The evening of February 11, 2012 is one many hoped wouldn’t arrive so soon, but unfortunately didn’t shock much either. A day before the 54th annual Grammy Awards, iconic vocalist Whitney Houston was found unconscious in a Beverly Hilton Hotel room, submerged in a bathtub, dead at 48. The Los Angeles County coroner’s office would later reveal that cocaine was in her system at the time, as well as marijuana and a slew of other drugs. Again, no surprise.

Houston’s career began in the mid ‘80s. Her self-titled debut album fittingly came out on Valentine’s Day of 1985. Her biggest hits—and there were plenty—focused on love. With Miss Universe beauty and a soul-powered voice, Whitney warmed the pop charts with jams like “I Wanna Dance with Somebody (Who Loves Me),” “How Will I Know,” and enthralling ballads like “I Will Always Love You.”

theGrio: Whitney Houston honored with star-studded tribute

But even though she enjoyed a great deal of time in the limelight, adorned with six Grammys and heralded acting roles in The Bodyguard and Cinderella (which she earned an Emmy nom for), Houston did her fair share of dark things in the shade.

Heavy drug use with ex husband and R&B bad boy Bobby Brown damaged her voice. It was a habit that made a once faultless singer a shaky live performer towards the end of her life. Touring for her 2009 album I Look to You, one that should have marked a triumphant return, proved to be too much for her. Stints at rehab apparently weren’t much help. Though those who had seen Whitney claim that she was in good spirits when they’d seen her on the eve of that Grammy weekend, she had obviously relapsed. On Sunday, February 19, 2012 Houston mother Cissy and family buried her in Westfield, New Jersey next to her father, John Russell Houston, the end of a marvelous career and a troubled life.


Time heals all wounds, no? The bruises and knots Chris Brown put on then-girlfriend Rihanna’s gorgeous face years ago on the eve of the 51st Grammy Awards in 2009 didn’t take long to disappear. But the time it took to mend their relationship, at least publicly, lasted a bit longer.

In August 2009 Brown was sentenced to serve the probation and to spend more than 1,400 hours in “labor-oriented service” for his felony assault conviction. He was also had to complete a 52-week domestic violence program.

As Brown made progress serving, things apparently got better with his ex flame as well. In California Judge Patricia Schnegg lifted her “stay away” order that prevented Brown from being near Rihanna, in February 2011. Gossip blogs gleefully fed on images of the two canoodling in nightclubs, seemingly confirming rumors that they’re together again.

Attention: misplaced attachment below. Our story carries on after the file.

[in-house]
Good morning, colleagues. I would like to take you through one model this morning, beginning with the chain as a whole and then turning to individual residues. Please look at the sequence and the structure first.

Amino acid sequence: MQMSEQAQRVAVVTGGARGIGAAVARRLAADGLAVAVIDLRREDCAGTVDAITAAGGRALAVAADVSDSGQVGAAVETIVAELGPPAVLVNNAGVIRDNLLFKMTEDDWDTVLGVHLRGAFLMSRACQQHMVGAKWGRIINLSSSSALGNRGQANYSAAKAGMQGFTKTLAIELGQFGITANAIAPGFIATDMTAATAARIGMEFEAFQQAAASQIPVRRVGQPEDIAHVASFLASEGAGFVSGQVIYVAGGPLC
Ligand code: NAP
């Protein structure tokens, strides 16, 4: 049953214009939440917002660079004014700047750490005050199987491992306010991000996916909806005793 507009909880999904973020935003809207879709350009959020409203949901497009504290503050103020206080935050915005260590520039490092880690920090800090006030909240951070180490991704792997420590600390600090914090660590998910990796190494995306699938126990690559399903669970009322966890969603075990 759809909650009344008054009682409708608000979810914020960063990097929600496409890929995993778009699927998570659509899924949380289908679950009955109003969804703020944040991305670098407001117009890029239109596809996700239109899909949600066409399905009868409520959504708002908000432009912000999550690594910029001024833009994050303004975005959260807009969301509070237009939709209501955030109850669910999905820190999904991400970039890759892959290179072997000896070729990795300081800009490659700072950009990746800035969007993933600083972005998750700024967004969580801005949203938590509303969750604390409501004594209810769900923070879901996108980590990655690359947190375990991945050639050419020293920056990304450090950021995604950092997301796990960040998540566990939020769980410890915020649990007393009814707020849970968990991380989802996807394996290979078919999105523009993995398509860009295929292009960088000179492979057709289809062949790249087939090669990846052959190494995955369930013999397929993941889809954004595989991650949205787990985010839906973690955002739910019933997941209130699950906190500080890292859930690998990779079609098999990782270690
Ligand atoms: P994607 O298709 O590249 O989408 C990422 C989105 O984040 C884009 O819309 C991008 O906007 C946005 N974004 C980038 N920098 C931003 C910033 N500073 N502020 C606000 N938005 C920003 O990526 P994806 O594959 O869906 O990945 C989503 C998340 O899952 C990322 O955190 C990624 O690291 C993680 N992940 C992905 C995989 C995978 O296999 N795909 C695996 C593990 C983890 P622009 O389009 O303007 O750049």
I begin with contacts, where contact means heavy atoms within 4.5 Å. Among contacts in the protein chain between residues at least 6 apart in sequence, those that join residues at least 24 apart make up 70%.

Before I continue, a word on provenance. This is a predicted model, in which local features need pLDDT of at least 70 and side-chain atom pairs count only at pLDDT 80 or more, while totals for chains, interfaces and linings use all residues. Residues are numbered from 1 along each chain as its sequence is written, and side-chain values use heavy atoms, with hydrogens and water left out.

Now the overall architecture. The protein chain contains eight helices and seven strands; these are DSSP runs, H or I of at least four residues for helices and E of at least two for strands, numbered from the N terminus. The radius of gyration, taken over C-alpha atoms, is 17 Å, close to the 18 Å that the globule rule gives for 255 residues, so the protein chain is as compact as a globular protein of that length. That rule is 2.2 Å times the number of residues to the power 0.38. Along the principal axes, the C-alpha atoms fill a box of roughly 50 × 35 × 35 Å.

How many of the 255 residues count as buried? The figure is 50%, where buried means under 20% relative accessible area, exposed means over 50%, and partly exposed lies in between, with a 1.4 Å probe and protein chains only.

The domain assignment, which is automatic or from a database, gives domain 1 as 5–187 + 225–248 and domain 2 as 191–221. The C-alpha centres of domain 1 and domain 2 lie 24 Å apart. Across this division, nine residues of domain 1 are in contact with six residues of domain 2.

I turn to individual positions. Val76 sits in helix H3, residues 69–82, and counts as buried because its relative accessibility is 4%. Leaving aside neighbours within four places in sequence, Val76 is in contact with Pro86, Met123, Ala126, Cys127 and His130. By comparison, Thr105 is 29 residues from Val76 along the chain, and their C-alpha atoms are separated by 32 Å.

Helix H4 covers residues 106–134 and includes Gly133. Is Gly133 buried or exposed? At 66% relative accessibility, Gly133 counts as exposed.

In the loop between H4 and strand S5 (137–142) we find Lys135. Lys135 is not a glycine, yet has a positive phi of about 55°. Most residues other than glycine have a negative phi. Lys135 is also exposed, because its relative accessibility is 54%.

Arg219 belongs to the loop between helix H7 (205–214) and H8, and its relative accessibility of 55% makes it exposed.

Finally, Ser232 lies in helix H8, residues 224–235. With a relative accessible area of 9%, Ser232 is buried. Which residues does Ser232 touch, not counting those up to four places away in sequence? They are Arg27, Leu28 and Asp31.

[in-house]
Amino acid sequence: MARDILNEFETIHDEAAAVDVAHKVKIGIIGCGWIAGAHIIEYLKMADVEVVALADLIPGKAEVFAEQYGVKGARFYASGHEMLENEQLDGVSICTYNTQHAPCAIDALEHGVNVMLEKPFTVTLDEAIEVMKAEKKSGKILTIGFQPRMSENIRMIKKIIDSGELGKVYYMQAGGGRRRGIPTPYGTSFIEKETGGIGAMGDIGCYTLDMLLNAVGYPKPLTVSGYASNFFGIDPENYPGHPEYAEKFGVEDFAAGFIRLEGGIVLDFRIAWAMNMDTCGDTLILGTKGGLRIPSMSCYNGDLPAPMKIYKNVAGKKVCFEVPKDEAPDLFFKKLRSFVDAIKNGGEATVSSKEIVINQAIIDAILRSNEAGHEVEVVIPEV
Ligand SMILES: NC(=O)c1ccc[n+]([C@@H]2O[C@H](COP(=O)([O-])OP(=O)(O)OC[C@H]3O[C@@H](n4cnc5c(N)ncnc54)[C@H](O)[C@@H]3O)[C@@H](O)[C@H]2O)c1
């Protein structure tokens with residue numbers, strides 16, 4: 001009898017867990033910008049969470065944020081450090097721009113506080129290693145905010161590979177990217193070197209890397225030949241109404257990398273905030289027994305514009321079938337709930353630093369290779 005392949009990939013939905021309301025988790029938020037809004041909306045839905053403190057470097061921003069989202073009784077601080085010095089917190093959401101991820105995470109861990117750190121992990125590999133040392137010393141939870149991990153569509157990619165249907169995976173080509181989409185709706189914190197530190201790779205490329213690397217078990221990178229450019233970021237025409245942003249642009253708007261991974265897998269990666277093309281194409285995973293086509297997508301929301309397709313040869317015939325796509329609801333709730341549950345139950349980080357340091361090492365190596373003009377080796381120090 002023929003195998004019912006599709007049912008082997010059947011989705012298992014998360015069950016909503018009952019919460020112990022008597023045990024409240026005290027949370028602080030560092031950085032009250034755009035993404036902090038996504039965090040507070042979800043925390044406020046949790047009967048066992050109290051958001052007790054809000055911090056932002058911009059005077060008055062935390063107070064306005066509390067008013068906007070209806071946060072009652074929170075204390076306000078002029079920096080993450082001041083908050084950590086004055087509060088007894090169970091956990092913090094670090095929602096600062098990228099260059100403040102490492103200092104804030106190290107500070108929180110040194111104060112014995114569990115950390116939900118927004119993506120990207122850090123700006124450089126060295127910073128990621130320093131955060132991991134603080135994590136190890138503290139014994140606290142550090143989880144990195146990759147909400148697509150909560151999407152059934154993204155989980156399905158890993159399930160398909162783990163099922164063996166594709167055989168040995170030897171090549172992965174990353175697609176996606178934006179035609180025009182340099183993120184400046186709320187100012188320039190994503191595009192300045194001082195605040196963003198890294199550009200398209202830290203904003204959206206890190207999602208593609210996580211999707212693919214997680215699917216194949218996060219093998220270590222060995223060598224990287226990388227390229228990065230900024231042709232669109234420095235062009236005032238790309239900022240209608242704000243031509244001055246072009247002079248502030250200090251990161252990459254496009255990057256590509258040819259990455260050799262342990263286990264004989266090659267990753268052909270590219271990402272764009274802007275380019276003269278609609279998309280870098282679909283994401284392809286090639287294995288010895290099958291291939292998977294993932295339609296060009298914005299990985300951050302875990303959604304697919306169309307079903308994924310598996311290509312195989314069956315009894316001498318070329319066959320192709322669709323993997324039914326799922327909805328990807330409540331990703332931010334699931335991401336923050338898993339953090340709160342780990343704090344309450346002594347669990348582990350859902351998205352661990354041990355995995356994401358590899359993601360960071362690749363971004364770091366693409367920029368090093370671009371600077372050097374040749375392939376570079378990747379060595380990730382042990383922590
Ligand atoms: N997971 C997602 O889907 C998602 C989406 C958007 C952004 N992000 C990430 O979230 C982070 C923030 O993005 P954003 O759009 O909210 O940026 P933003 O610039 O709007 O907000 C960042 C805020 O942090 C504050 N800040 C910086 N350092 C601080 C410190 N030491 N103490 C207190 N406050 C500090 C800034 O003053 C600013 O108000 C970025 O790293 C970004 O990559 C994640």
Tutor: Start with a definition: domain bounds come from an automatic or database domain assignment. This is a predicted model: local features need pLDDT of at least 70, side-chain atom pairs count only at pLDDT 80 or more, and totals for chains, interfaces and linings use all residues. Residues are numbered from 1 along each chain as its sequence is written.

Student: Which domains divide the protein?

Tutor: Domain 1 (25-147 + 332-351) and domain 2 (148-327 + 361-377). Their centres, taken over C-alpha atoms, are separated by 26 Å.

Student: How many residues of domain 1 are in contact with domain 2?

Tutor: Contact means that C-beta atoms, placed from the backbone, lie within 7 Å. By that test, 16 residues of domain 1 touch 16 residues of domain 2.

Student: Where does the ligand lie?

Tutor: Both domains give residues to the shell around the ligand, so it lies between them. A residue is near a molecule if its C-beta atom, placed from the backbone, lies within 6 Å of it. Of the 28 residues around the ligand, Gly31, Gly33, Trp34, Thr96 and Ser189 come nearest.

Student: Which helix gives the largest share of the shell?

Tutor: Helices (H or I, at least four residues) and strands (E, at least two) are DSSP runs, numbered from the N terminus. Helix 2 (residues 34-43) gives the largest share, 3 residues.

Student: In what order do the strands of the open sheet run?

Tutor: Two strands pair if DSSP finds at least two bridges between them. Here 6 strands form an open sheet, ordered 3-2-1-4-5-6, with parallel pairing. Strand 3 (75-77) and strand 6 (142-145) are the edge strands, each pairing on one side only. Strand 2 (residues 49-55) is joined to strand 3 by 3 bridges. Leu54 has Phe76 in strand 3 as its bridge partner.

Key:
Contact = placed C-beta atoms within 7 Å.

Rihanna and Chris gave their listening audience and bloggers more to feast on this year. It began in the spring, when the two pop stars hopped in each other’s singles for remixes, releasing them within days of each other. Brown’s “Turn Up the Music” featured a sultry Rih’, while an aggressive Brown leapt on Rihanna’s “Birthday Cake.” “I wanna f**k you right now,” he sings at the top of his verse, clearly not holding anything back. It was the first time they worked together since the ’09 controversy.

Throughout the summer the twosome peppered their Instagram timelines with pictures of them hanging out all over the world. Then after feeding the Internet all of that, they made a statement on their latest collaborations. Playing off of the conclusion of Michael Jackson’s “The Way You Make Me Feel,” Rihanna invited Brown on her Unapologetic track “Nobody’s Business.” They take turns yelping that their relationship “ain’t nobody’s business.” Whatever.

Whether they’re in a relationship again or not is anybody’s guess. But they are back in business. That’s for sure.


Chicago is on pace to crack 500 homicides by year’s end. Not one person can be blamed for them. But a rap upstart, Chief Keef, has done a helluva job almost buoyantly crafting anthems that soundtrack Chi-town’s miserable year.

With loud cuts from his spring mixtape Back from the Dead, Keef burst onto the hip-hop scene with obnoxious bangers, hypnotically catchy if not basic. Its marquee single “I Don’t Like” is a club-quaker simply listing things he doesn’t like. Sneak dissers? Snitches? Men that act like women? They all stay on his bad side.

His raucous lyrics even baited music site Pitchfork into taking the then 16-year-old Keef to a gun range to pop a few rounds off. Never mind that he spent a chunk of 2012 under house arrest in connection with gun charges or that his Chicago hometown was suffering through a murderous, cruel summer. After feeling the heat from their angry audience, Pitchfork pulled the piece from their site.

Now 17, Chief Keef is still a problem child. His debut album Finally Rich hit stores recently, featuring the same gang-related bravado of mixtapes past. How responsible a kid this young should be held for the villainous actions of his neighbors is up for discussion. What’s for sure is that he certainly hasn’t been helping the cause.

Brad Wete is a New York-based journalist. He’s written for Billboard, GQ, Entertainment Weekly, and Vibe amongst others. You can follow him on twitter at @BradWete.